Fri, 08/07/2022 - 5:30am
AbstractMotivationUnderstanding life cannot be accomplished without making full use of biological data, which are scattered across databases of diverse categories in life sciences. To connect such data seamlessly, identifier (ID) conversion plays a key role. However, existing ID conversion services have disadvantages, such as covering only a limited range of biological categories of databases, not keeping up with the updates of the original databases, and outputs being hard to interpret in the context of biological relations, especially when converting IDs in multiple steps.ResultsTogoID is an ID conversion service implementing unique features with an intuitive web interface and an API for programmatic access. TogoID currently supports 65 datasets covering various biological categories. TogoID users can perform exploratory multistep conversions to find a path among IDs. To guide the interpretation of biological meanings in the conversions, we crafted an ontology that defines the semantics of the dataset relations.Availability and ImplementationThe TogoID service is freely available on the TogoID website, and the API is also provided to allow programmatic access. To encourage developers to add new dataset pairs, the system stores the configurations of pairs at the GitHub repository and accepts the request of additional pairs.Supplementary InformationSupplementary dataSupplementary data are available at Bioinformatics online.
Categories: Bioinformatics Trends

GenBank as a Source to Monitor and Analyze Host-Microbiome Data

Fri, 08/07/2022 - 5:30am
AbstractMotivationMicrobiome datasets are often constrained by sequencing limitations. GenBank is the largest collection of publicly available DNA sequences, which is maintained by the National Center of Biotechnology Information (NCBI). The metadata of GenBank records are a largely understudied resource and may be uniquely leveraged to access the sum of prior studies focused on microbiome composition. Here, we developed a computational pipeline to analyze GenBank metadata, containing data on hosts, microorganisms, and their place of origin. This work provides the first opportunity to leverage the totality of GenBank to shed light on compositional data practices that shape how microbiome datasets are formed as well as examine host-microbiome relationships.ResultsThe collected dataset contains multiple kingdoms of microorganisms, consisting of bacteria, viruses, archaea, protozoa, fungi, and invertebrate parasites, and hosts of multiple taxonomical classes, including mammals, birds, and fish. A human data subset of this dataset provides insights to gaps in current microbiome data collection, which is biased towards clinically relevant pathogens. Clustering and phylogenic analysis reveals the potential to use these data to model host taxonomy and evolution, revealing groupings formed by host diet, environment, and coevolution.AvailabilityGenBank Host-Microbiome Pipeline is available at {{https://github.com/bcbi/genbank_holobiome}}. The GenBank loader is available at {{https://github.com/bcbi/genbank_loader}}.Supplementary informationSupplementary dataSupplementary data are available at Bioinformatics online.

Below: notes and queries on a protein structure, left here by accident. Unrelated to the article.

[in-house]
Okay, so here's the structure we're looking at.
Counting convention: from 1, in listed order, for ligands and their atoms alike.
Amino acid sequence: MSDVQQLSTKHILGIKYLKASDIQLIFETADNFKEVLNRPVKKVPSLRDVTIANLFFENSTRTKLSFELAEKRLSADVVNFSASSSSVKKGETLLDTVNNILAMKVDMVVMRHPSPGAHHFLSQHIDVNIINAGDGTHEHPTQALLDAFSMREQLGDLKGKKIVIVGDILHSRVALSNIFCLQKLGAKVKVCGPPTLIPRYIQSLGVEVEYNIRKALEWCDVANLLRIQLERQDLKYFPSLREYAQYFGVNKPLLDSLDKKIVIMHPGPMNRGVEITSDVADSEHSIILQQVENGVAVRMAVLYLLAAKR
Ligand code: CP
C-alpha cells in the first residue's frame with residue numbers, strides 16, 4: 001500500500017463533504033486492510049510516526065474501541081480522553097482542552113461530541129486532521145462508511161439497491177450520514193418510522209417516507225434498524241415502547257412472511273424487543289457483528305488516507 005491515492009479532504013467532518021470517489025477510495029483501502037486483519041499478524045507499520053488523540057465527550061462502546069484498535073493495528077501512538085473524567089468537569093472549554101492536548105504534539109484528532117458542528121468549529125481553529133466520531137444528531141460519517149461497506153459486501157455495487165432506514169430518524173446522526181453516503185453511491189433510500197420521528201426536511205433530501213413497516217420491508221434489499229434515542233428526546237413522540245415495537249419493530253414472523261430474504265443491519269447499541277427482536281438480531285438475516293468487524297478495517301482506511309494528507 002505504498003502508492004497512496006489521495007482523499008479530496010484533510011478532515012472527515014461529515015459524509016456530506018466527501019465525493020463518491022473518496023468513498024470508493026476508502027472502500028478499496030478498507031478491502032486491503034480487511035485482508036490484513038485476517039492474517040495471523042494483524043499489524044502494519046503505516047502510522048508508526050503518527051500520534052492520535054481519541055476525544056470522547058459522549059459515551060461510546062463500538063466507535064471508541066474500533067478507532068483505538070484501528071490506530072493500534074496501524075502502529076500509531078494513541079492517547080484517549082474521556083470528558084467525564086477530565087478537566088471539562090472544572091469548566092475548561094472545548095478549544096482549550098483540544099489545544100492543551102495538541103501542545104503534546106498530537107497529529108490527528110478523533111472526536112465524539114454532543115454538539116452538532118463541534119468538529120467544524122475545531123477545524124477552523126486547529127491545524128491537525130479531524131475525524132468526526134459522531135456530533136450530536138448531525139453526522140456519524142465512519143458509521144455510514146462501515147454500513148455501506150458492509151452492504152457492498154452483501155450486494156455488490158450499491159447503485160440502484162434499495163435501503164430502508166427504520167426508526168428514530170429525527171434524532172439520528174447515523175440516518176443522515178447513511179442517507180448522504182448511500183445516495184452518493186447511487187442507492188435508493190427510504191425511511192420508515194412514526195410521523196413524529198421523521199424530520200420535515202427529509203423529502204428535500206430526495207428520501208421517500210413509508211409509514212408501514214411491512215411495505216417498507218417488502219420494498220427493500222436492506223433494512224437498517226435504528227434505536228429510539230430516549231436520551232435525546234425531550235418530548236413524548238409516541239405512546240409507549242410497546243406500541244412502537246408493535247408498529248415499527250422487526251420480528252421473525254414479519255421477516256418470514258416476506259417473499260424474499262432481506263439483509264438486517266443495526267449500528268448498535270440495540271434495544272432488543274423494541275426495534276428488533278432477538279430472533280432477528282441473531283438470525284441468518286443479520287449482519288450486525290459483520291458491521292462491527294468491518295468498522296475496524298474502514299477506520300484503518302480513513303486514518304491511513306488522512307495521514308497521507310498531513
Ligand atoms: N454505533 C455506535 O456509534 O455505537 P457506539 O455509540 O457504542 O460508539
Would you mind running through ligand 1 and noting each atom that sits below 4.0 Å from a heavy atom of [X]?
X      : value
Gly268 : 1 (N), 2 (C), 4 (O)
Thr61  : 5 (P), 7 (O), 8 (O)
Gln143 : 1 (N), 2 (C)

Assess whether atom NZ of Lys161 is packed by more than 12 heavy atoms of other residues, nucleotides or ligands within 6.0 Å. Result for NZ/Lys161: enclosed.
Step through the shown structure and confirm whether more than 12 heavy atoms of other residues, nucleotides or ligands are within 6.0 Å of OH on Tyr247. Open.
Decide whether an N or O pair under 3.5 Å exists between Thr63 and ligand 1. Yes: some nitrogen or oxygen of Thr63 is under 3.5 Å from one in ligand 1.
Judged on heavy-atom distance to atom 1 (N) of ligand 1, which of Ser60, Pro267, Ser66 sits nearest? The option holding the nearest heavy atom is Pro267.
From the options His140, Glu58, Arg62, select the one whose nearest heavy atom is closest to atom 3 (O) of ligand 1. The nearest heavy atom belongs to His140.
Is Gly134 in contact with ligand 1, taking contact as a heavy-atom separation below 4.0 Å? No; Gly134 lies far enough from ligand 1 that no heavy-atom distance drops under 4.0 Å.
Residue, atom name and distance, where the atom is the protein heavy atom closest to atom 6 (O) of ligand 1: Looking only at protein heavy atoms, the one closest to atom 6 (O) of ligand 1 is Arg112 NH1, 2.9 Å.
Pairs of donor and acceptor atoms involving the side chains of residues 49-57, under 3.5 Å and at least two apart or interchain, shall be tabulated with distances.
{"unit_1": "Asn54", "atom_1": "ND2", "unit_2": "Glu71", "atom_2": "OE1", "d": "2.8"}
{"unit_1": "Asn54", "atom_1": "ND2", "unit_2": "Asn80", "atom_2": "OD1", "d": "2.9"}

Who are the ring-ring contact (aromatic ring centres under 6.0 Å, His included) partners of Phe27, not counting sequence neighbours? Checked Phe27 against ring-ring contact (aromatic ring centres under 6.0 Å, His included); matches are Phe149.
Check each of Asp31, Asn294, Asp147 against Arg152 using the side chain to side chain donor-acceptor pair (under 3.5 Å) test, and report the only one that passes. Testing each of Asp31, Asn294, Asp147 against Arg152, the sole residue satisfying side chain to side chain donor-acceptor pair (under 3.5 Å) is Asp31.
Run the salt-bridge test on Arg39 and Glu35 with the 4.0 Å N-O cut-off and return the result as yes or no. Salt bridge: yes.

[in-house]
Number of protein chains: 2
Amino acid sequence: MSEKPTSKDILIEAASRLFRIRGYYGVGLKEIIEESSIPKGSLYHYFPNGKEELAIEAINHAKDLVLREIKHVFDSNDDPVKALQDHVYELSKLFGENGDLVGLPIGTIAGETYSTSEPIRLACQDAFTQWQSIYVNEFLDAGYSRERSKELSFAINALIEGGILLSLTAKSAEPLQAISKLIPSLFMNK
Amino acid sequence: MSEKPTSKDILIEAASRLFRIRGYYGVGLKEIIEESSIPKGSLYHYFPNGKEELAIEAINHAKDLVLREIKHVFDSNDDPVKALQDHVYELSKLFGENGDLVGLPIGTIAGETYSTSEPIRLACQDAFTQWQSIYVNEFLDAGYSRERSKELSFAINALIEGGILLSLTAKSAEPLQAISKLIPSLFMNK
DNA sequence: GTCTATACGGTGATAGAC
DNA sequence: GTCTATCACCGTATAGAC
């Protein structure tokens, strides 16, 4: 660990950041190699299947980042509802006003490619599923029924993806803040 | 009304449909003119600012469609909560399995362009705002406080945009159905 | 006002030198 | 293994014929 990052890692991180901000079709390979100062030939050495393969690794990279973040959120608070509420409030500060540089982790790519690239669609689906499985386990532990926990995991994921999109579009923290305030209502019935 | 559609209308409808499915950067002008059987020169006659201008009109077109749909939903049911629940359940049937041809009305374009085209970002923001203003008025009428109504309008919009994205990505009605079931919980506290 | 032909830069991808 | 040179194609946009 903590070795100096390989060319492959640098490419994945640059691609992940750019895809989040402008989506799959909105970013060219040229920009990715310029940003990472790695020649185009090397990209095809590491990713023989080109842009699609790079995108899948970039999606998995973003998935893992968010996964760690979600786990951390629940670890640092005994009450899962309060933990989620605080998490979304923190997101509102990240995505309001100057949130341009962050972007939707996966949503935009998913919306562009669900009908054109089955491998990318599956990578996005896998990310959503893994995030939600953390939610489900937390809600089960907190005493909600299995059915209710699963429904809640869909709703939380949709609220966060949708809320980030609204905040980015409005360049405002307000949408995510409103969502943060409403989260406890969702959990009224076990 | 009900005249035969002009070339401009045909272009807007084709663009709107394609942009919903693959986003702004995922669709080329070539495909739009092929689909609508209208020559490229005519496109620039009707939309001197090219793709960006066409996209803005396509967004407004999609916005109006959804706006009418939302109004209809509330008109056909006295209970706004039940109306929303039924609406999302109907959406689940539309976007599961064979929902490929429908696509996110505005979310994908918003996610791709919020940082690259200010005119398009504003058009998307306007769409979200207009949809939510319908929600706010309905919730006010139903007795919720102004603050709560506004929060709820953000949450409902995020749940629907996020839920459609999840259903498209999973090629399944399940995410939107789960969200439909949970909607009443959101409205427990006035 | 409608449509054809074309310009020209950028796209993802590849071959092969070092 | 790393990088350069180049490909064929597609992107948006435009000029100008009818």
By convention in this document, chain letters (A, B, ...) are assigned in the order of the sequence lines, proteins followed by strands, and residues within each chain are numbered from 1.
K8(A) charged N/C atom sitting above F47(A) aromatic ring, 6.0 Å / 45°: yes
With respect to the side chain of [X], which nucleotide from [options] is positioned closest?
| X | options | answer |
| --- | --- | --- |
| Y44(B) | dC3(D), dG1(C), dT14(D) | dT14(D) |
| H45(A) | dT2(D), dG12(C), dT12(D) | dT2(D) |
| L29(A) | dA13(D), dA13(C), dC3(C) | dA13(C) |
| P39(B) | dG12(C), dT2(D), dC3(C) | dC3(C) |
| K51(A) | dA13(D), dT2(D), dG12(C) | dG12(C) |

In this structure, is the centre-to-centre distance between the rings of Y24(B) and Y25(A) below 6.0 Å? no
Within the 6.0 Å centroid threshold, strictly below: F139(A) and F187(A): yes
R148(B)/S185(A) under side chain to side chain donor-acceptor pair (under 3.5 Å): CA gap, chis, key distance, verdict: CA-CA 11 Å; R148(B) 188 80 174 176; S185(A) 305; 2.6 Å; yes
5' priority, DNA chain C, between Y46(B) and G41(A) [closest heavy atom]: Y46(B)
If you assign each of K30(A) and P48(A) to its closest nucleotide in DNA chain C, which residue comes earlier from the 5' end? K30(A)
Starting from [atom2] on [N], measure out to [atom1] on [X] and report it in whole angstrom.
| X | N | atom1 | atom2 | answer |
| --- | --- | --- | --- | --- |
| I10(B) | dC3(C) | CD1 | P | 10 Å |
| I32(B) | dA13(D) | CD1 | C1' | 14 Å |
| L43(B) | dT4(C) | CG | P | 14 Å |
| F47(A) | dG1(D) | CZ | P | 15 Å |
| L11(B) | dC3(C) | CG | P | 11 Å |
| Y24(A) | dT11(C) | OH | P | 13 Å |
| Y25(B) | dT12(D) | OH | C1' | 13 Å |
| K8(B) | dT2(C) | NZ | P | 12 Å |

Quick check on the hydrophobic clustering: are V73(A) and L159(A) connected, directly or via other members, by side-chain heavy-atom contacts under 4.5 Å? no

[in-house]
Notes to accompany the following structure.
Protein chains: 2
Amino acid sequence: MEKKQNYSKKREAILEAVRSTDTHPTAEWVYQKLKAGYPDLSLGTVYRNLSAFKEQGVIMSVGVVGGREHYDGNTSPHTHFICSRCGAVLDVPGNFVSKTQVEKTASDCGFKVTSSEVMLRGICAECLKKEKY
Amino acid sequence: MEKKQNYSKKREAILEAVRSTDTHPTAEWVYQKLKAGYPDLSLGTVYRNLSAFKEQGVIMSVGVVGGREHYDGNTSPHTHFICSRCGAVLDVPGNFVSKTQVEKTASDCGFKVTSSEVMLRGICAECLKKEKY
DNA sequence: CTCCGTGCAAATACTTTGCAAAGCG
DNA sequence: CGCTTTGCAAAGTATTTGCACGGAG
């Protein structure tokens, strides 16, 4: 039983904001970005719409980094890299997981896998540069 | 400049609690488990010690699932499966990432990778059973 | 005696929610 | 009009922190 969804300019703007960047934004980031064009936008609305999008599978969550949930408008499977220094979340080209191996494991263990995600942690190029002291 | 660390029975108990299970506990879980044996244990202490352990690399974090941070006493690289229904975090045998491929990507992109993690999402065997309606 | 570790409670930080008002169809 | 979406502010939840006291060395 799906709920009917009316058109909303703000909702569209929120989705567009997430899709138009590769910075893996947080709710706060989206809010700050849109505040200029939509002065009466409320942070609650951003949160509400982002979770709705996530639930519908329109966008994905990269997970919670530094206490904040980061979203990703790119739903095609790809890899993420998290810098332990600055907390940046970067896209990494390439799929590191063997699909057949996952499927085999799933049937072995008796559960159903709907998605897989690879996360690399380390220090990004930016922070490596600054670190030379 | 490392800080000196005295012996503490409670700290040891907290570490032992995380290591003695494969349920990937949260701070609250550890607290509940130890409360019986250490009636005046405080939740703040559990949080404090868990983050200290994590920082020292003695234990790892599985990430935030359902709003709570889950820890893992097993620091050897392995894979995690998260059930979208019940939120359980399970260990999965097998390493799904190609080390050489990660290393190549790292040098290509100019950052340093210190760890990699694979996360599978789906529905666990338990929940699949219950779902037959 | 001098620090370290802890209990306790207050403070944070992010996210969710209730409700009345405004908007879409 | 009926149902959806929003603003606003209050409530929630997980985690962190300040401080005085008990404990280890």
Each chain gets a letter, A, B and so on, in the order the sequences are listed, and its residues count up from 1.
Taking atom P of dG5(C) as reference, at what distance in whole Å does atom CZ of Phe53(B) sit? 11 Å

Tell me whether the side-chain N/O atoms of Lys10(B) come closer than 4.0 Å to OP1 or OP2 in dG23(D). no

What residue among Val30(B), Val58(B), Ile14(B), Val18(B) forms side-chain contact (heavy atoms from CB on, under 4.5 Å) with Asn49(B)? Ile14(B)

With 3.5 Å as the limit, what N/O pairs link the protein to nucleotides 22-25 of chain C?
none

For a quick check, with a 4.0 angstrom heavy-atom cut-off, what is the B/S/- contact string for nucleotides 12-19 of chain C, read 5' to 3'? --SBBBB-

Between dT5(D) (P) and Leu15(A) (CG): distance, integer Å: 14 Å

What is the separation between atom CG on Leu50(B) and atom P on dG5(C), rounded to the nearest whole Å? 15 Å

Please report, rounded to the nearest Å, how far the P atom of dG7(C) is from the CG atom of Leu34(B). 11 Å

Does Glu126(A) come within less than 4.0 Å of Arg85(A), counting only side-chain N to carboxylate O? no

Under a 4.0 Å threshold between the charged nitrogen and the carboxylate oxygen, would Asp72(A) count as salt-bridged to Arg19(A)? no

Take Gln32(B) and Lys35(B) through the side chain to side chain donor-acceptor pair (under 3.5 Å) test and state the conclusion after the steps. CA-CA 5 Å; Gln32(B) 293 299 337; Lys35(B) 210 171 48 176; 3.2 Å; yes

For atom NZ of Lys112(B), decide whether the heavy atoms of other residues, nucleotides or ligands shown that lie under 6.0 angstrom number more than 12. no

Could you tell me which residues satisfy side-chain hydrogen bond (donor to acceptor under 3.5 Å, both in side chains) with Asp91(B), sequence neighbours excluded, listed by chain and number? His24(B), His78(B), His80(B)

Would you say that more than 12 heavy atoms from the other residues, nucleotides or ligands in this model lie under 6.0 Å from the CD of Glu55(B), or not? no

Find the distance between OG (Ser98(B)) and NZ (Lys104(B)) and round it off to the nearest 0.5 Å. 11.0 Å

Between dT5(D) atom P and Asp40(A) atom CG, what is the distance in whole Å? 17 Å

Categories: Bioinformatics Trends

Docking cyclic peptides formed by a disulfide bond through a hierarchical strategy

Fri, 08/07/2022 - 5:30am
AbstractMotivationCyclization is a common strategy to enhance the therapeutic potential of peptides. Many cyclic peptide drugs have been approved for clinical use, in which the disulfide-driven cyclic peptide is one of the most prevalent categories. Molecular docking is a powerful computational method to predict the binding modes of molecules. For protein-cyclic peptide docking, a big challenge is considering the flexibility of peptides with conformers constrained by cyclization.ResultsIntegrating our efficient peptide 3D conformation sampling algorithm MODPEP2.0 and knowledge-based scoring function ITScorePP, we have proposed an extended version of our hierarchical peptide docking algorithm, named HPEPDOCK2.0, to predict the binding modes of the peptide cyclized through a disulfide against a protein. Our HPEPDOCK2.0 approach was extensively evaluated on diverse test sets and compared with the state-of-the-art cyclic peptide docking program AutoDock CrankPep (ADCP). On a benchmark data set of 18 cyclic peptide-protein complexes, HPEPDOCK2.0 obtained a native contact fraction of above 0.5 for 61% of the cases when the top prediction was considered, compared with 39% for ADCP. On a larger test set of 25 cyclic peptide-protein complexes, HPEPDOCK2.0 yielded a success rate of 44% for the top prediction, compared with 20% for ADCP. In addition, HPEPDOCK2.0 was also validated on two other test sets of 10 and 11 complexes with apo and predicted receptor structures, respectively. HPEPDOCK2.0 is computationally efficient and the average running time for docking a cyclic peptide is about 34 minutes on a single CPU core, compared with 496 minutes for ADCP. HPEPDOCK2.0 will facilitate the study of the interaction between cyclic peptides and proteins and the development of therapeutic cyclic peptide drugs.Availability and implementationhttp://huanglab.phys.hust.edu.cn/hpepdock/.Supplementary informationSupplementary dataSupplementary data are available at Bioinformatics online.